Santa Cruz, and Shakespeare and Co. followed suit, and we’ve been delighted to
hear from more than a dozen other stores that they’re interested in
participating.

 

The second part of this effort
kicked off in late June and involves in-store, in-book, online, and media
marketing focused directly on book-buying consumers, with the goal of educating
them about the environmental impacts of the books they read.

 

Our program—a collaboration
between publishers and booksellers—is available to booksellers that meet
a few minimal eligibility requirements (like good credit standing). It uses a
business model based on carbon-neutral shipping and incentives designed to
break the cycle of returns and reduce waste. Specifically, it features a
nonreturnable buying structure, direct shipments to individual store locations
in the interests of limiting multiple shipping legs between warehouse and
reader, and purchases of certified carbon offsets for all Green Partner
shipments.

 

We have partnered with a
nationally recognized carbon offset provider, Carbonfund.org, which developed a
system, based on variables like method, weight, and distance, of accurately
calculating the carbon footprint generated when a package is shipped. In most
cases, the cost of an individual offset is minimal—at most, a few dollars
even for a heavy box of books crossing the country—but there are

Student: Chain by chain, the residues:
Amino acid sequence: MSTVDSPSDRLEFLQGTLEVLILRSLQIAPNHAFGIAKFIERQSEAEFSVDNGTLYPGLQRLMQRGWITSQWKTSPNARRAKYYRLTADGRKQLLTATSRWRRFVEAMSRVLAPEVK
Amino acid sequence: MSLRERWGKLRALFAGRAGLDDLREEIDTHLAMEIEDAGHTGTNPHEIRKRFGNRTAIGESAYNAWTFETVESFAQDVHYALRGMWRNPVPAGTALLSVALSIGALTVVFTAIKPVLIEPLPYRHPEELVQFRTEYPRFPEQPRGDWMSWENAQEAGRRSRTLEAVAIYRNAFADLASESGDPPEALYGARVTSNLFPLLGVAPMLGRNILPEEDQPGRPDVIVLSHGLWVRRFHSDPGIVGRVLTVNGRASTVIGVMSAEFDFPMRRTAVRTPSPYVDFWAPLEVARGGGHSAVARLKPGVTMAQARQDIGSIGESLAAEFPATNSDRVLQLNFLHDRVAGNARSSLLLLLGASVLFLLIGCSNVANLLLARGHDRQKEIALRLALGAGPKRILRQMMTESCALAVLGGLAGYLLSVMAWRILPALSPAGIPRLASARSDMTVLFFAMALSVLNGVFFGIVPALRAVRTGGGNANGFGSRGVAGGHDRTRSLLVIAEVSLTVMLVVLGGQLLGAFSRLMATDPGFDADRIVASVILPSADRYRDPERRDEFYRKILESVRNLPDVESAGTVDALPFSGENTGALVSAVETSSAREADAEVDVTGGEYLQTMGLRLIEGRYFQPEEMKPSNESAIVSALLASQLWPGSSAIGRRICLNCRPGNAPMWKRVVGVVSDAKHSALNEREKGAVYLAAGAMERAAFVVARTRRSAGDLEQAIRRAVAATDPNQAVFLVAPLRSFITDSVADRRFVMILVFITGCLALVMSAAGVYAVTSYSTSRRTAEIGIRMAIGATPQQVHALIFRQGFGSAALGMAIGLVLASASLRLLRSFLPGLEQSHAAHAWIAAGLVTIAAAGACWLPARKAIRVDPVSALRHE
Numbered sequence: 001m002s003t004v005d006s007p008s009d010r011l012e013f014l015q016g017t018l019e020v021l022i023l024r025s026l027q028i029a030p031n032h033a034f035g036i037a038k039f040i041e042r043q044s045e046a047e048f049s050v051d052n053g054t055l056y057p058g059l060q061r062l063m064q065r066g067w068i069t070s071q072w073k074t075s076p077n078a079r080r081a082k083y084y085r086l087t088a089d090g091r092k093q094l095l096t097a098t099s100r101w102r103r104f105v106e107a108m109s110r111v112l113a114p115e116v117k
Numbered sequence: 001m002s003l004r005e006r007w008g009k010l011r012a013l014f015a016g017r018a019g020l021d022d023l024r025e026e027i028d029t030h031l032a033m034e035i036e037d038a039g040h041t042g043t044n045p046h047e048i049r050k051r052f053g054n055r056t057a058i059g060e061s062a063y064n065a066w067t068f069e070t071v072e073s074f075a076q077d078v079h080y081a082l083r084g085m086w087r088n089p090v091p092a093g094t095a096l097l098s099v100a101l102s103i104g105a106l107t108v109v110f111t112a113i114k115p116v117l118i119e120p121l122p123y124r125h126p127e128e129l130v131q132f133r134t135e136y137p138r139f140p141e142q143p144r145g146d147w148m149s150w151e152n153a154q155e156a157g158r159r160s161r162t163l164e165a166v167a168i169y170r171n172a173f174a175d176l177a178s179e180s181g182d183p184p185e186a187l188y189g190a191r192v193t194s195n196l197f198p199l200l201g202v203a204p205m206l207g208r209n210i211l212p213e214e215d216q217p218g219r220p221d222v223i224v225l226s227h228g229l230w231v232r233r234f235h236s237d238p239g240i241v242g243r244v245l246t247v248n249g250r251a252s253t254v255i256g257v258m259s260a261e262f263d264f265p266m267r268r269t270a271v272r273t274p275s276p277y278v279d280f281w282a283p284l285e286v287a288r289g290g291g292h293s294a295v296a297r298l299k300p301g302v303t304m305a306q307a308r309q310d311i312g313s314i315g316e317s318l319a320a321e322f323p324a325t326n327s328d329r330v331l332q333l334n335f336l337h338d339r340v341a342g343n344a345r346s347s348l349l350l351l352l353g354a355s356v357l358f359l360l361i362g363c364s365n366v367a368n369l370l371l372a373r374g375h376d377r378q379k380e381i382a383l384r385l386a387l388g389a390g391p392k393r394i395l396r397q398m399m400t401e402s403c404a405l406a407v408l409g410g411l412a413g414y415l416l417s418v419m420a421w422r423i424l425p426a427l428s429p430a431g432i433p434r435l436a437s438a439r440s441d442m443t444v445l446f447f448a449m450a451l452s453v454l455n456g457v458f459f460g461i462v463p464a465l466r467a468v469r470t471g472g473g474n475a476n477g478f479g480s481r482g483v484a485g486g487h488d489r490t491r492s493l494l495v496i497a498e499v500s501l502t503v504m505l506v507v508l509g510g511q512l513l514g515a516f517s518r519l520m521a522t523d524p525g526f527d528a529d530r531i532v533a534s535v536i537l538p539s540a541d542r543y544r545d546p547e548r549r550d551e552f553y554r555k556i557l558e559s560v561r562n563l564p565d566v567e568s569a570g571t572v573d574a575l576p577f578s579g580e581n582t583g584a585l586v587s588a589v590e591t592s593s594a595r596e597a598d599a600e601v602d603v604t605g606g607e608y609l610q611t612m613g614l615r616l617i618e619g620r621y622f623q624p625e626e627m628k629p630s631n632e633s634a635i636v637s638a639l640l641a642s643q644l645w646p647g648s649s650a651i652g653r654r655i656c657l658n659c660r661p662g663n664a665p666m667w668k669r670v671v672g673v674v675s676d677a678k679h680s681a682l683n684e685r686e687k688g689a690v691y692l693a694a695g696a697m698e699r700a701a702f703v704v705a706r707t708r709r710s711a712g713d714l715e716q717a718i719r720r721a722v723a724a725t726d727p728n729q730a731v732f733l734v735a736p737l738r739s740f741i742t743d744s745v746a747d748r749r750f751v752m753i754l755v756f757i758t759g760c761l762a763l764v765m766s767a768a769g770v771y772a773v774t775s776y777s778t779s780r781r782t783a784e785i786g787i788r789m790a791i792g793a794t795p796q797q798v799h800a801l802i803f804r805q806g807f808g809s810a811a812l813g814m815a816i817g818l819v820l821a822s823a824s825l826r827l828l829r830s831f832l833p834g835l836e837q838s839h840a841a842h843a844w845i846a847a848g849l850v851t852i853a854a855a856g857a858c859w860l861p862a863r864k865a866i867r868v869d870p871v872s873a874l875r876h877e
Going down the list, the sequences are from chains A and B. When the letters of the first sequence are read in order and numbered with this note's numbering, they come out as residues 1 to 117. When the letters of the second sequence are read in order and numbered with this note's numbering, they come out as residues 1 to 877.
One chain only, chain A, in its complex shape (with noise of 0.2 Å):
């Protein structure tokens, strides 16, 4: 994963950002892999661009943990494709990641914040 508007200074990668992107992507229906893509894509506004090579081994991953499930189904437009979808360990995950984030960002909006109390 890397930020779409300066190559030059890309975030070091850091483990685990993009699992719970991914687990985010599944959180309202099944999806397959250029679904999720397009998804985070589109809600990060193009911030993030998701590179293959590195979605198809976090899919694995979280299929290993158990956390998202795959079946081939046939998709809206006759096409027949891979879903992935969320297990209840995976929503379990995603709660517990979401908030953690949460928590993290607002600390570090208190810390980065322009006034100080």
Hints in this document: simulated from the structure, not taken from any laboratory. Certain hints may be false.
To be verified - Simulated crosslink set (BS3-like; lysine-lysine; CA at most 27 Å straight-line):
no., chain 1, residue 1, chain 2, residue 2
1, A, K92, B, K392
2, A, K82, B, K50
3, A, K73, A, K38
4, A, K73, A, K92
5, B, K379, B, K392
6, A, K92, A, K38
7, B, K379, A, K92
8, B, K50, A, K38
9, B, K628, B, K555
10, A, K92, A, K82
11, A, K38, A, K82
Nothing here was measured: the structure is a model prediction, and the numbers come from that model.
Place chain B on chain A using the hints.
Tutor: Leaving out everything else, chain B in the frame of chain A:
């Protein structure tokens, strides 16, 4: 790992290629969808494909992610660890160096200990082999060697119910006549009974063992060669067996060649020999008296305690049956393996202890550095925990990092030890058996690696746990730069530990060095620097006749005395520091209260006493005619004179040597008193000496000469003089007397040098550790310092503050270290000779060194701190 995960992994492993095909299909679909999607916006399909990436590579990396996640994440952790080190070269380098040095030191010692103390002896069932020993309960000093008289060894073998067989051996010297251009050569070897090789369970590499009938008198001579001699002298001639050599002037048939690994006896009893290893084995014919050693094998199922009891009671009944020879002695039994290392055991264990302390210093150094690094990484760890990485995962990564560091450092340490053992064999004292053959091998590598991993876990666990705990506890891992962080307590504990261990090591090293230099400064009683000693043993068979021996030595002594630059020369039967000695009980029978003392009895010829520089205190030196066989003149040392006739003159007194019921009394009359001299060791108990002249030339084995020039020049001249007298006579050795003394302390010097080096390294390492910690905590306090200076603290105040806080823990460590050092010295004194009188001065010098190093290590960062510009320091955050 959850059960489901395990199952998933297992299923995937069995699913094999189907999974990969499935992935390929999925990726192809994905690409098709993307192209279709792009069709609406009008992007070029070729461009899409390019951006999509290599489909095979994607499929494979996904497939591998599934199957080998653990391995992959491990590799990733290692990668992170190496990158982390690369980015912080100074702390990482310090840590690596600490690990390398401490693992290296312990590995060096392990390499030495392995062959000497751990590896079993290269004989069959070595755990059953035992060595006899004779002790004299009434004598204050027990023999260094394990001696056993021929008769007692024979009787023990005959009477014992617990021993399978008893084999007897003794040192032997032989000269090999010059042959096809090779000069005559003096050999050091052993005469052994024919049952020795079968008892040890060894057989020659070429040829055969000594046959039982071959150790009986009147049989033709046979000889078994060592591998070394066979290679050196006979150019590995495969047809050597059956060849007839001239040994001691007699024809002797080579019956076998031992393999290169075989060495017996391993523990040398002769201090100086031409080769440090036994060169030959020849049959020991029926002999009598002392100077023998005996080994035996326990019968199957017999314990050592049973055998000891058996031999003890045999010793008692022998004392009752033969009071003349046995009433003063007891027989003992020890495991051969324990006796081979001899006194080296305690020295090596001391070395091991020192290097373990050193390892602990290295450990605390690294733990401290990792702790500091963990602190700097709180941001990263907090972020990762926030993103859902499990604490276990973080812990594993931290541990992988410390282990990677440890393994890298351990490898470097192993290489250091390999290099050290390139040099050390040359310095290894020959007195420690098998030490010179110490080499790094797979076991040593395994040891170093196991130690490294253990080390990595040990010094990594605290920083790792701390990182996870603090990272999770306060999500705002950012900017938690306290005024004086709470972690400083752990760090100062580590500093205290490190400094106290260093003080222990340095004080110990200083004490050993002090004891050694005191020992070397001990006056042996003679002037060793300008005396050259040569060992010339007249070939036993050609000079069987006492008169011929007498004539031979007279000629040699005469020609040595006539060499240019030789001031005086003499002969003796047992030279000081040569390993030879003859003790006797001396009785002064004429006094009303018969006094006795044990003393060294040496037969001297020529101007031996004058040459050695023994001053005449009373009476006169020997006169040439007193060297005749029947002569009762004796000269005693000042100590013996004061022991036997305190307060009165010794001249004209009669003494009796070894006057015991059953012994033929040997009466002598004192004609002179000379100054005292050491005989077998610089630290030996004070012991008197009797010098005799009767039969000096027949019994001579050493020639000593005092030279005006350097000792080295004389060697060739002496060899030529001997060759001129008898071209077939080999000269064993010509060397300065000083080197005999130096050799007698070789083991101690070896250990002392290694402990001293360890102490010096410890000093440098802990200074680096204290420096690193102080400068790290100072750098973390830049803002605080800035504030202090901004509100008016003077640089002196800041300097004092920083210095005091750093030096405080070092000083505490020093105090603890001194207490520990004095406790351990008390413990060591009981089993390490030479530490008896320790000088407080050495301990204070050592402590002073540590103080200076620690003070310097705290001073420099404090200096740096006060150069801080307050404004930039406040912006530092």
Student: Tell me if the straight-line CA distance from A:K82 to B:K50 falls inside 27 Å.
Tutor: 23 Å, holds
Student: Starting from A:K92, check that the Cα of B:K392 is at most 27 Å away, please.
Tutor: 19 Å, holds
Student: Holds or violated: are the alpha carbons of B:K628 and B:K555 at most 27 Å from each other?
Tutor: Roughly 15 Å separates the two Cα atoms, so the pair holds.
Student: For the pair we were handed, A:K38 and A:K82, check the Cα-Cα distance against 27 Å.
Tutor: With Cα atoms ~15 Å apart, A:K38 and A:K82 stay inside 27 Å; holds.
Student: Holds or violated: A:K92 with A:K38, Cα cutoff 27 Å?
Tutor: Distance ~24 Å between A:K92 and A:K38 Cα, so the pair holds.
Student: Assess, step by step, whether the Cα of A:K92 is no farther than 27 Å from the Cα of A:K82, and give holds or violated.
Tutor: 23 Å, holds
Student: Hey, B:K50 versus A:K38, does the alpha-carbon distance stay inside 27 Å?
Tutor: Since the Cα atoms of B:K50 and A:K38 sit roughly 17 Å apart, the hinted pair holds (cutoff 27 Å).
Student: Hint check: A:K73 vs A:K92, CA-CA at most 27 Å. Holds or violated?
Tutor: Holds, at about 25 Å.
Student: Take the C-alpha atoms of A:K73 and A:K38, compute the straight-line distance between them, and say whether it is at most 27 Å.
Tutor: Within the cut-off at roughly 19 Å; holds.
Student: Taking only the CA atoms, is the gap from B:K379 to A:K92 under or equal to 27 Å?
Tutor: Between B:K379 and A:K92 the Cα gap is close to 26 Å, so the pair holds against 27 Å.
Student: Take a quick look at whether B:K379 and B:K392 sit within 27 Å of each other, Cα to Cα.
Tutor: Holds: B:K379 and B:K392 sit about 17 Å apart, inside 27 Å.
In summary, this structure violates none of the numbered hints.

additional cost factors, such as program administration, that must be considered
as well. We’re currently expanding our infrastructure to offer retailers and
consumers the option of making their individual orders carbon-neutral for the
cost of the calculated offset as well—another step toward educating
booksellers and readers about the environmental impact of their purchases.

 

We also provide partner retailers
with a suite of economic and marketing incentives ranging from extra discounts
to first dibs on touring authors, and a quarterly Green Box that contains new
releases, galleys, and special merchandising materials exclusive for
partners—shipped carbon-neutral, of course.

 

Starting Points for a
Similar Program

 

If you’re interested in pursuing a
program that can improve the environment and address returns, you’ll find that
the first steps are fairly simple, but they do require effort and careful
evaluation.

 

It’s important to begin by
conducting a thorough internal audit of your business model. Take the time to
evaluate areas of environmental savings throughout all departments. Publishing
companies have many easy, practical, and low-risk ways to reduce their
environmental impact (see “Other Ways of Going for the Green”), and you should